It all started with a phone call. And the telephone, extracted from an n old and outdated spreadsheet, which connected your name to another organization, another slum. That’s how I meet Ezequiel, a potential young leader of the Mathare slum, a few kilometers away from Korogocho.

We sat at a café somewhere in Nairobi to chat before hopping into a Matatu heading to the community. We were analyzing each other. On his side, why in God’s name, a muzungu like me would come closer to a slum? Probable answer: bored with my plentiful life in Europe, I decided to help the poor. On my side, I just wanted to make sure that he was someone with access to the community and able to freely represent – or access – Mathare.

After a few minutes chatting, we adjusted to reality. He understood that my objective was learning, researching, and my intention was to contribute with ideas and contacts from other organizations, at least for a while. On my side, I felt safe that, despite not being currently involved with any organization, the self-defined job as a free-lancer sounded interesting. We talked, I paid for the coffee and we left.

On the way we talked about some ongoing projects, such as the apparently gruesome RYP (Rehabilitation Youth Program) a youth center called Luwaku and a garbage collection cooperative, also carried out by youth of a community called One Love. So many projects related to youth. My question was answered: he was born and lived for over 20 years in Mathare. He knows everyone.

We walked along the asphalted and commercially busy side in the outskirts of the slum. On the way, several signs referring to the international cooperation projects between the Germans and the Kenyan government. In one of the parts of slum (Mathare 4A), a German initiative tried to renovate some houses. It turned zinc shacks into cement houses. Until today it is clear to see the impact of such intervention, but the project was interrupted due to the tribal violence after the 2005 elections.

The region has two well-defined areas (and many others that are undecipherable): on one side, asphalt, 3 to 6 story buildings, public utilities (deficient, however present) and an atmosphere of “normalcy”; some more steps through the landfill, once again a bridge and we get to a second area, apparently with no planning, no infrastructure, e no presence of the public power. But a lot of people living there.

The houses are distributed along one creek and end where a second creek starts. During the rainy season (according to the residents, during practically any rain) the two creeks merge, flooding the narrow land strip that has more than 200 houses. On one side, called Ndoya, a school, blockhouse style, was built and it is one of the most stable constructions in the area, avoiding the constant flooding of the creek. I got used to the smell suffocating odors of open sewerage, but I confess I was knocked out by the smell coming out from the narrow pathway at the edge of the creek.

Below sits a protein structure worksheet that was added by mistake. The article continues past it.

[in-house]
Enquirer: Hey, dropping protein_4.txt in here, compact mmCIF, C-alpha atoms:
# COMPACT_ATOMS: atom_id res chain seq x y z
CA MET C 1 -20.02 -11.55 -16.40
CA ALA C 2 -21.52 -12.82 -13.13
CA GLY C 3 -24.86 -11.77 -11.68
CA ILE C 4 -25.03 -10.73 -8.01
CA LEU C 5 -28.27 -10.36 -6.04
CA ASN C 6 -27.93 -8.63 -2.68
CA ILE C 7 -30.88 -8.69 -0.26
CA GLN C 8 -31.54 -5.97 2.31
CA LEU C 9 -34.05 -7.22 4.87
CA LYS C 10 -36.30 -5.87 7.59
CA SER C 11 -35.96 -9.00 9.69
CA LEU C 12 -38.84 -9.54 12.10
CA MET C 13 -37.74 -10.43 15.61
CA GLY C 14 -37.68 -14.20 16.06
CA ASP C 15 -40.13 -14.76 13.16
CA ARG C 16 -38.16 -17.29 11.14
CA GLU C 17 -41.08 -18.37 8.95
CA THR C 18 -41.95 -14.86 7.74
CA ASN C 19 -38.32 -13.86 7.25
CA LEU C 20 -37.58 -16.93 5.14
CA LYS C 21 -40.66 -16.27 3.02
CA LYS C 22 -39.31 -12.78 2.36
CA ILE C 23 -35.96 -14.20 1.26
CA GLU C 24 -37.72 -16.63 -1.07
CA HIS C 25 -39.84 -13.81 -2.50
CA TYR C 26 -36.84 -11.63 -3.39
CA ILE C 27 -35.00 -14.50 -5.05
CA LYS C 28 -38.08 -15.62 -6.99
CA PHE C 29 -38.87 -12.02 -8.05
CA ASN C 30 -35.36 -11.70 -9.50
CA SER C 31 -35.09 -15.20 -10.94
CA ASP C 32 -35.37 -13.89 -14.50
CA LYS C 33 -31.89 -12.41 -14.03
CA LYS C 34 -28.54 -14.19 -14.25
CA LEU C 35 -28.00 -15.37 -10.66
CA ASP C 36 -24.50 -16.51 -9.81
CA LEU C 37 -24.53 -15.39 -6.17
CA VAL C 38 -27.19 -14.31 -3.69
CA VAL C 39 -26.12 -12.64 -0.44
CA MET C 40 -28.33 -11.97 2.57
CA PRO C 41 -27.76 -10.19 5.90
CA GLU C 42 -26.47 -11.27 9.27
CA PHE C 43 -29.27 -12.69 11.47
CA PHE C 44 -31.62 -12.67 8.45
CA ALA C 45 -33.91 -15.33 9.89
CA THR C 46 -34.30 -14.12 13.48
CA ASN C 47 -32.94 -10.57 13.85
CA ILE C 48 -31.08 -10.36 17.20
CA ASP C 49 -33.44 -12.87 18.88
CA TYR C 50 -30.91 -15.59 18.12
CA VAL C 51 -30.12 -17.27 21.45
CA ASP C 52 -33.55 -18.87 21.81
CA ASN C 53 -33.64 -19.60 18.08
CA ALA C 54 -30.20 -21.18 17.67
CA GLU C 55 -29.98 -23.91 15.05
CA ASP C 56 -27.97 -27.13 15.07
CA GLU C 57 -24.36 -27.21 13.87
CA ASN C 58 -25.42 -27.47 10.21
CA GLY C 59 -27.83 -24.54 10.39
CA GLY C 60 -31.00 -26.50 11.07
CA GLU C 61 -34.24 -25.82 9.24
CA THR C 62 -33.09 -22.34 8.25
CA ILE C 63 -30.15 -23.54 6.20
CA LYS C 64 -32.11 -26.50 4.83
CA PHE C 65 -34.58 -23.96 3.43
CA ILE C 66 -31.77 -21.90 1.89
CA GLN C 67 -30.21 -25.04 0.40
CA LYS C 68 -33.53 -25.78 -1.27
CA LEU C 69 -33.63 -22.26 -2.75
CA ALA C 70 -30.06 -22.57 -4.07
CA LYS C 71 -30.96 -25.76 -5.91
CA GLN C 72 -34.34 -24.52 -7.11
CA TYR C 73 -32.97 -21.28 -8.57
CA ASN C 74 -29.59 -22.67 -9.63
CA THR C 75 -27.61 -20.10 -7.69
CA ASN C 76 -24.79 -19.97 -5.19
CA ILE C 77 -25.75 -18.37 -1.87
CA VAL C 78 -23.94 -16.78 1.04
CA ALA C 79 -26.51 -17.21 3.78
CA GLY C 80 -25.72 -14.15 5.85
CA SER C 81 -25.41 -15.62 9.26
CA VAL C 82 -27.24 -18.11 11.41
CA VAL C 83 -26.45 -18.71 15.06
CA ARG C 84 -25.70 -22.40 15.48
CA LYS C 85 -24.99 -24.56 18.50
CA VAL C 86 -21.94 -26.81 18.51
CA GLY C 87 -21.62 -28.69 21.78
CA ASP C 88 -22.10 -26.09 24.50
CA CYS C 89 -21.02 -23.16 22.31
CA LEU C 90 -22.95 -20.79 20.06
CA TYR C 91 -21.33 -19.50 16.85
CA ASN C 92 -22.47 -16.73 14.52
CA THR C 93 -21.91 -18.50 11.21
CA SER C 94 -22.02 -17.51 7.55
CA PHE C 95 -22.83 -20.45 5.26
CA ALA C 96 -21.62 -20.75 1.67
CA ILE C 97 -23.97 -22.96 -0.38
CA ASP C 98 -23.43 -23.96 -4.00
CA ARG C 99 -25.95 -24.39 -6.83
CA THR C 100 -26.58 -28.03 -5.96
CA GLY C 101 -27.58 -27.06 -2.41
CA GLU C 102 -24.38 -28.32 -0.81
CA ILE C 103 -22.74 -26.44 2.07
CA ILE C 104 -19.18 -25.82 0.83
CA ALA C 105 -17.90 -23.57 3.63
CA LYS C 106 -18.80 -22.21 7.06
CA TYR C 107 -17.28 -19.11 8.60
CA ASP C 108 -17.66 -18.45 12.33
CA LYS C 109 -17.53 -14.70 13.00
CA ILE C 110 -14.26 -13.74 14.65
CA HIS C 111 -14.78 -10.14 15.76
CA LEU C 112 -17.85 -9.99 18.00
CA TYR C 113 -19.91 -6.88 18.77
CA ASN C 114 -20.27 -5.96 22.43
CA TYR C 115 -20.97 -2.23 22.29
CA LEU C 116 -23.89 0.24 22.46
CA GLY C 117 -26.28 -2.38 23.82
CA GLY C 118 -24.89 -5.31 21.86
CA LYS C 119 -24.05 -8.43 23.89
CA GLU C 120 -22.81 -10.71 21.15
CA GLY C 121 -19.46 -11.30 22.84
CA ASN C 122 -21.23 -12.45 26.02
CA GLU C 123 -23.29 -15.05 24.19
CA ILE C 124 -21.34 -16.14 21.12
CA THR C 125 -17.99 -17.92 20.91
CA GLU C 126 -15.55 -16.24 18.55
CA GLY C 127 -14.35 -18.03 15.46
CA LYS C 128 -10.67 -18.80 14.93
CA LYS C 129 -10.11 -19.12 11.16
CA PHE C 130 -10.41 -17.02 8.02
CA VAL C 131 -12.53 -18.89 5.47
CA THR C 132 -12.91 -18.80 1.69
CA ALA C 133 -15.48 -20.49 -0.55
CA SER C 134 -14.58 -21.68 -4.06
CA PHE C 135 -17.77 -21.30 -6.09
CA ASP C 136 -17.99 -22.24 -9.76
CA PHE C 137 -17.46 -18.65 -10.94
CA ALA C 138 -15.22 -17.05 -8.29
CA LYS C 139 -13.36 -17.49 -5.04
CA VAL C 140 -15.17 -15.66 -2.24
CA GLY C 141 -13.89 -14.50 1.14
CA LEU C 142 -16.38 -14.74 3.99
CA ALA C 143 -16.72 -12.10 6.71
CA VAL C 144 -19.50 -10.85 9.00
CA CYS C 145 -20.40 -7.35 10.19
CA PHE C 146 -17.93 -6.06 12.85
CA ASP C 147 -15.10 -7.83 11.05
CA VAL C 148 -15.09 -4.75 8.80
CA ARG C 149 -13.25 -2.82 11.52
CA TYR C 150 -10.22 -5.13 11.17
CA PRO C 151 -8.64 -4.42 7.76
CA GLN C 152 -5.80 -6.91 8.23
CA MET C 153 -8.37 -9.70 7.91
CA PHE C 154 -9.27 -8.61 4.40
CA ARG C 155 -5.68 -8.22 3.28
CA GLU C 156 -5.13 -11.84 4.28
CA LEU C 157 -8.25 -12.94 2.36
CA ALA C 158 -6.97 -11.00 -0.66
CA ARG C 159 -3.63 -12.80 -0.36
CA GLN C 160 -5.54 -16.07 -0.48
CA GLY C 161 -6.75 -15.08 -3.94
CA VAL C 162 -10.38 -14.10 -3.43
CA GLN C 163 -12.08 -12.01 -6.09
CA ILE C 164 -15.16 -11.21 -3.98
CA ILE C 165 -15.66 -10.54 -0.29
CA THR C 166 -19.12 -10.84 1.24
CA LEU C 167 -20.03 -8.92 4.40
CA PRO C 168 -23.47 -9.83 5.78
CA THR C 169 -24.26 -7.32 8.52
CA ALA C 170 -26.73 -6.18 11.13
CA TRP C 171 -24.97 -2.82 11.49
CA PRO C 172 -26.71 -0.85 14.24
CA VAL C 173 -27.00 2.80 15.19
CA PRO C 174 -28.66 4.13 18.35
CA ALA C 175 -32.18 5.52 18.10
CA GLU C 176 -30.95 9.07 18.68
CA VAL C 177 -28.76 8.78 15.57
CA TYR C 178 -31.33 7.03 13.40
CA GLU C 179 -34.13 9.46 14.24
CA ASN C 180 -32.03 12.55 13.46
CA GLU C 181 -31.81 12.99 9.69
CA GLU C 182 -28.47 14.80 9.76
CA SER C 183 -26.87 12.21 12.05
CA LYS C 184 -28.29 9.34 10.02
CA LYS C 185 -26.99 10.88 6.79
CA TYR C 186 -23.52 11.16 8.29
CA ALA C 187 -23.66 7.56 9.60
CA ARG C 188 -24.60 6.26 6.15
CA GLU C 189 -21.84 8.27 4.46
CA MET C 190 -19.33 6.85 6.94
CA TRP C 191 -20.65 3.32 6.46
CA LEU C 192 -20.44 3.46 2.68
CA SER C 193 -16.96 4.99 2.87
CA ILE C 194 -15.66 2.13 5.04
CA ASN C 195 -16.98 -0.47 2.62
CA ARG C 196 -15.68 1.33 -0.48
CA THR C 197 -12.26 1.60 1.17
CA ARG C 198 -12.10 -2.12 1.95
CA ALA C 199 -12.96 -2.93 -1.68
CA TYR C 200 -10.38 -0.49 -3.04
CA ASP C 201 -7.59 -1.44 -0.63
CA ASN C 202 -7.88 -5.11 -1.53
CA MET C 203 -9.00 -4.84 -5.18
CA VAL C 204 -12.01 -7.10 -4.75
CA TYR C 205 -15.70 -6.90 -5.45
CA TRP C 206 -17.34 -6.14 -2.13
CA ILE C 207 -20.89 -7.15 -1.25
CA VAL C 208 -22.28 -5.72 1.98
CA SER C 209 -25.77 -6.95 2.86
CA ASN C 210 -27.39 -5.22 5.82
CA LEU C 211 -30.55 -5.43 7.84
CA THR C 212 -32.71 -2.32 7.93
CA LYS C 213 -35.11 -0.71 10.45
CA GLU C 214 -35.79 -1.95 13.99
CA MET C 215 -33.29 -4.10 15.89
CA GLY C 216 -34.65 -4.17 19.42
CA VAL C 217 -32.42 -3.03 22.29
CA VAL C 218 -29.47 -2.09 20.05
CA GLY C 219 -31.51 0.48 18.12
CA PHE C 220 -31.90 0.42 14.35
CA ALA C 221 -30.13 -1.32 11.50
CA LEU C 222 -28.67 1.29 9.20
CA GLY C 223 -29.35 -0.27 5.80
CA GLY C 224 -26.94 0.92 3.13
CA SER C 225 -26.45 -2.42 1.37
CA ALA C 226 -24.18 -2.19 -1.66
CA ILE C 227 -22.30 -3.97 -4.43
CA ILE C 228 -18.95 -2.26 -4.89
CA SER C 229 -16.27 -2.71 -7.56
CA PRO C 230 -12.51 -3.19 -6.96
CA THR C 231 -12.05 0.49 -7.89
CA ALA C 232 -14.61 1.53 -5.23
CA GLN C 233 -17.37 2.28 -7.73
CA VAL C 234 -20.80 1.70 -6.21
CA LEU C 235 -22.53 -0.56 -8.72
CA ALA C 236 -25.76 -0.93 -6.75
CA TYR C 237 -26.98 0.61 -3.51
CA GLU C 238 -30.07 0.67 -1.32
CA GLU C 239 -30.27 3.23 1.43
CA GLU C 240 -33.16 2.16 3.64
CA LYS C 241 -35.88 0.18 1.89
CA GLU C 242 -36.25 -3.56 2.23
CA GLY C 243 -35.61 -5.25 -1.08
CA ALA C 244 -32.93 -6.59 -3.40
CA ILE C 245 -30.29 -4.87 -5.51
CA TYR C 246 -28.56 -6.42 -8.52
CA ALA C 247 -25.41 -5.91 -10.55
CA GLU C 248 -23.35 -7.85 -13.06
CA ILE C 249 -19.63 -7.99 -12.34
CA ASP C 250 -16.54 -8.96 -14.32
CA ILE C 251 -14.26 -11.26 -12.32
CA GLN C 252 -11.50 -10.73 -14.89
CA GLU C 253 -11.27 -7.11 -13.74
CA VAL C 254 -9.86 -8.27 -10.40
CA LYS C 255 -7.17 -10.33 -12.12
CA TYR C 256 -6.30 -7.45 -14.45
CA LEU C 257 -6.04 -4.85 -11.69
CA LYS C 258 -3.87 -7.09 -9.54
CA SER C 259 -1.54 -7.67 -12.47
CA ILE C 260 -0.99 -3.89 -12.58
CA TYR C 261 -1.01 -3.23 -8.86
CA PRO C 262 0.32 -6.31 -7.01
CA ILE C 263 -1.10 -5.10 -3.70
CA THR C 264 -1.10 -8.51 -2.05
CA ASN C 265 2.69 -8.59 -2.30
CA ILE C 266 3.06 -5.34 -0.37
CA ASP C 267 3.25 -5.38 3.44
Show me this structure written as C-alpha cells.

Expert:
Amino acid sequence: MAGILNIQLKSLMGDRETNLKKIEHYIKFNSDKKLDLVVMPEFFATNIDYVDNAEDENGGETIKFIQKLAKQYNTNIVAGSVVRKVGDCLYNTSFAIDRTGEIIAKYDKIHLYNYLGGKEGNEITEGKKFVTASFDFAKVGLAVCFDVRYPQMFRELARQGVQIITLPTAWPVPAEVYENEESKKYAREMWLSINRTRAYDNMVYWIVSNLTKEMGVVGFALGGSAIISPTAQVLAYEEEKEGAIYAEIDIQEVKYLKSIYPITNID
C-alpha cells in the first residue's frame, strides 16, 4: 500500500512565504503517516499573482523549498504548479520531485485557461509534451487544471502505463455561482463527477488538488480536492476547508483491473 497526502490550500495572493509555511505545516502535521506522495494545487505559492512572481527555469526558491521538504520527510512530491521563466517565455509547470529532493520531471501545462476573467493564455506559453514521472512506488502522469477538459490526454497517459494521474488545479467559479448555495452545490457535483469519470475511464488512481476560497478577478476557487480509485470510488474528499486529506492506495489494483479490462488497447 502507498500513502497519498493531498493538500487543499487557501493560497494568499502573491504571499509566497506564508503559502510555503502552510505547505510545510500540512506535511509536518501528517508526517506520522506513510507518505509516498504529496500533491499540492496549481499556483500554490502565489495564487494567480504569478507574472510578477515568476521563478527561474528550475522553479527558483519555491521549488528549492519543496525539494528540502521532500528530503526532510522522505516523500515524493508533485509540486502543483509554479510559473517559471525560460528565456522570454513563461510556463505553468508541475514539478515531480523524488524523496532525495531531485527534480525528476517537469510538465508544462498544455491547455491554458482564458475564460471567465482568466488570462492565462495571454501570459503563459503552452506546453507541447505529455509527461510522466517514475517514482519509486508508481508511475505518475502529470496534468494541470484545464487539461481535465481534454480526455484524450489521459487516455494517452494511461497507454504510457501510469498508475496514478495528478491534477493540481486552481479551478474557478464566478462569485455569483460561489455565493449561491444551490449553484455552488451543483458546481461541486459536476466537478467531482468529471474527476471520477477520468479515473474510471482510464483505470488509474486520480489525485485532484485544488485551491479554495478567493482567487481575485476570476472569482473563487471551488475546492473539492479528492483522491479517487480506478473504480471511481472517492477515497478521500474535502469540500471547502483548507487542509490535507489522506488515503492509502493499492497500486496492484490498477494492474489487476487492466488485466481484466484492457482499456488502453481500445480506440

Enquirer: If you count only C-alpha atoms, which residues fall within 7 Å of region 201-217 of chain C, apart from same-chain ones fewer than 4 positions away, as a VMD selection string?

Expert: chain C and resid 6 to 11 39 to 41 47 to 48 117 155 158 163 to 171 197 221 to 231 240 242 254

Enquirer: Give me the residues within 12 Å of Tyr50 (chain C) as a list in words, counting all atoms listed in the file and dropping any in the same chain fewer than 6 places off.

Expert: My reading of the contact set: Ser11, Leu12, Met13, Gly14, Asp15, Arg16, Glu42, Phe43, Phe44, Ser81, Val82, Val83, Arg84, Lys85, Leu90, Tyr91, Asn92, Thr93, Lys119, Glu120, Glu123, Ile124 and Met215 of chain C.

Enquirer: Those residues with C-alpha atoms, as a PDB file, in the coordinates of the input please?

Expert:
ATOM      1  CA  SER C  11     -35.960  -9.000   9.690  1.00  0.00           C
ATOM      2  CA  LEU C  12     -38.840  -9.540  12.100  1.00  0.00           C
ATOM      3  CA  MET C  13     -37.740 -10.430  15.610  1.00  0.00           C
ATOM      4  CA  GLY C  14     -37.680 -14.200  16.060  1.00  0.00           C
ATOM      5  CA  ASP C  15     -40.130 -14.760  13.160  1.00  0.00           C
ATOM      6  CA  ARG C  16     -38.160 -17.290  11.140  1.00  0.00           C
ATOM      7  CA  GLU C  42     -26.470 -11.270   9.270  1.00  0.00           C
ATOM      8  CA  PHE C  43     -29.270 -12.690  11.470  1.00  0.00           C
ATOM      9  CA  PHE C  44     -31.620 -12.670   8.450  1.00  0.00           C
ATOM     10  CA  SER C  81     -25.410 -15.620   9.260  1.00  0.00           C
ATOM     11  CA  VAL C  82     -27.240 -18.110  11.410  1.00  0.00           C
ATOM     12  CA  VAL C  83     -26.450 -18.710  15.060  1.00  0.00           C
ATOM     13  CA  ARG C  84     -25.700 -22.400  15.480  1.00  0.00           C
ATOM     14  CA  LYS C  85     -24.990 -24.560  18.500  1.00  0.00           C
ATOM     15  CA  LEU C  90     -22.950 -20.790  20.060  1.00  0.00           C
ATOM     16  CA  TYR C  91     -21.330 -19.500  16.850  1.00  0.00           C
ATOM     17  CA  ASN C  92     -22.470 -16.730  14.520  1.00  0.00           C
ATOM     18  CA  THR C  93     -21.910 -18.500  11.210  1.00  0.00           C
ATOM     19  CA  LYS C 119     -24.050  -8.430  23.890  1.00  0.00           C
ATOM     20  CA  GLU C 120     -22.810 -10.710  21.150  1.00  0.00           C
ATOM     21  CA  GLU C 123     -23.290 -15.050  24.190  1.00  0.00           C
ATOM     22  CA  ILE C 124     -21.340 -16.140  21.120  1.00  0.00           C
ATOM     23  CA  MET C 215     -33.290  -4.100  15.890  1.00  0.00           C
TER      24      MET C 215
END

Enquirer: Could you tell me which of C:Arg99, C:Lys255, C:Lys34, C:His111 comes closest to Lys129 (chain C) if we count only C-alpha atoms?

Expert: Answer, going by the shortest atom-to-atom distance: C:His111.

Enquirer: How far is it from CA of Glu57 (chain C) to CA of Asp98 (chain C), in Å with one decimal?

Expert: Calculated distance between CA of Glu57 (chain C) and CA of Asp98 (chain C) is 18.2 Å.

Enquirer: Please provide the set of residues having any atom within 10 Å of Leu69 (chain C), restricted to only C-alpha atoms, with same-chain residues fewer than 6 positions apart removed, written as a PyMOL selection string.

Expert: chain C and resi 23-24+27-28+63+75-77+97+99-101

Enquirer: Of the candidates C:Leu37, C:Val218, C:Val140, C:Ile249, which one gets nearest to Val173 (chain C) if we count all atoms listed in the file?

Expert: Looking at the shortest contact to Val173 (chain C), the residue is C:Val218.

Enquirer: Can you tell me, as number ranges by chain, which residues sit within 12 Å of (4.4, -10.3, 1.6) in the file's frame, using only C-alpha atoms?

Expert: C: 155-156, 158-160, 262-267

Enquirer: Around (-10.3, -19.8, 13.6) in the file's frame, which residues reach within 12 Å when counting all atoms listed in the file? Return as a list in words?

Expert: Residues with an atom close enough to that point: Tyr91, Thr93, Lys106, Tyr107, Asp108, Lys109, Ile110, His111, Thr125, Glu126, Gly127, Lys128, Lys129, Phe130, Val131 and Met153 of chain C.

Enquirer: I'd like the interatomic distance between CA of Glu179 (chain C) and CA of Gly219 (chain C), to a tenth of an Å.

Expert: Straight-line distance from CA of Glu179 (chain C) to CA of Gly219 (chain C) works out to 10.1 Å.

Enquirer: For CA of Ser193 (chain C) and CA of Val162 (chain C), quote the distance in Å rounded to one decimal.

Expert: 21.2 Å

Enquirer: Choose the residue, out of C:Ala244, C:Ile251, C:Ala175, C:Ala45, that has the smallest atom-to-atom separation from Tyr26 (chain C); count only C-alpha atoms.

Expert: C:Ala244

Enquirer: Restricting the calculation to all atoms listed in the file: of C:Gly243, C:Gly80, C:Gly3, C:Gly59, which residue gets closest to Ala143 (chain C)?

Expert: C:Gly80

Surrounding the school the houses are not very well designed and are constantly flooded. The dirt ground, totally flooded and covered in insects is the place for plays and nice smiles of hundreds of slum children. A symphony of “how are you?” comes from the cheerful voices of the little ones, but in my mind the answer is not as positive: how am I? I am trying to find out some feeling that would justify so much neglect and abandonment, so close to the “rest of the civilization”.

The surrounding buildings consider this part of the slum– including its dwellers – a major landfill. Every day they toss from their windows the garbage from their houses, with no regard to the final destination of that waste. But we, here below, know exactly the impact of such lack of respect: piles and more piles of accumulated trash being collected daily by some of the young members of an organization called One Love. However, the amount of trash and the way it is disposed of hinders any nearly acceptable result.

We crossed to the other side of the community, and we arrived to the second creek. A weird invitation: I was invited to see the collective latrines of the slum. I squeeze sideways through a wooden wicket and barbed wire and I reach the creek’s edge. Here, two small houses made of twisted metal and wood serve as a refuge to satisfy the most basic physiological needs of the residents. And obviously, from there the waste goes to the same creek.  The background landscape is filled with trash, plastic bags and buildings that surround this part of the slum.

Watching the brown-bluish water that practically does not move, an unpleasant sight. At first we thought it was a doll, a toy that children play with and learn how to care for another being, even if just playing. But it wasn’t. With only one arm and a part of the body outside the area a newly born (or better, an aborted baby) laid there, on a pile of trash that formed an island in that insensitive landscape. I was reluctant to take a picture, but I registered the image. From far away, with no expression and a pain hurting somewhere in my being.

Talking with the residents we understood that this is something that repeats itself very often, not only here. Abortions are carried out through illegal and dangerous procedures, and the aborted fetus is discarded. Just like that. On the other side of the fence a local church building. According to Ezequiel, the marriage of his sister will be celebrated there the next day. And that’s how I took the baby’s image away from my head and replaced it with a romanticized scene of the union between two strangers. Just like that.

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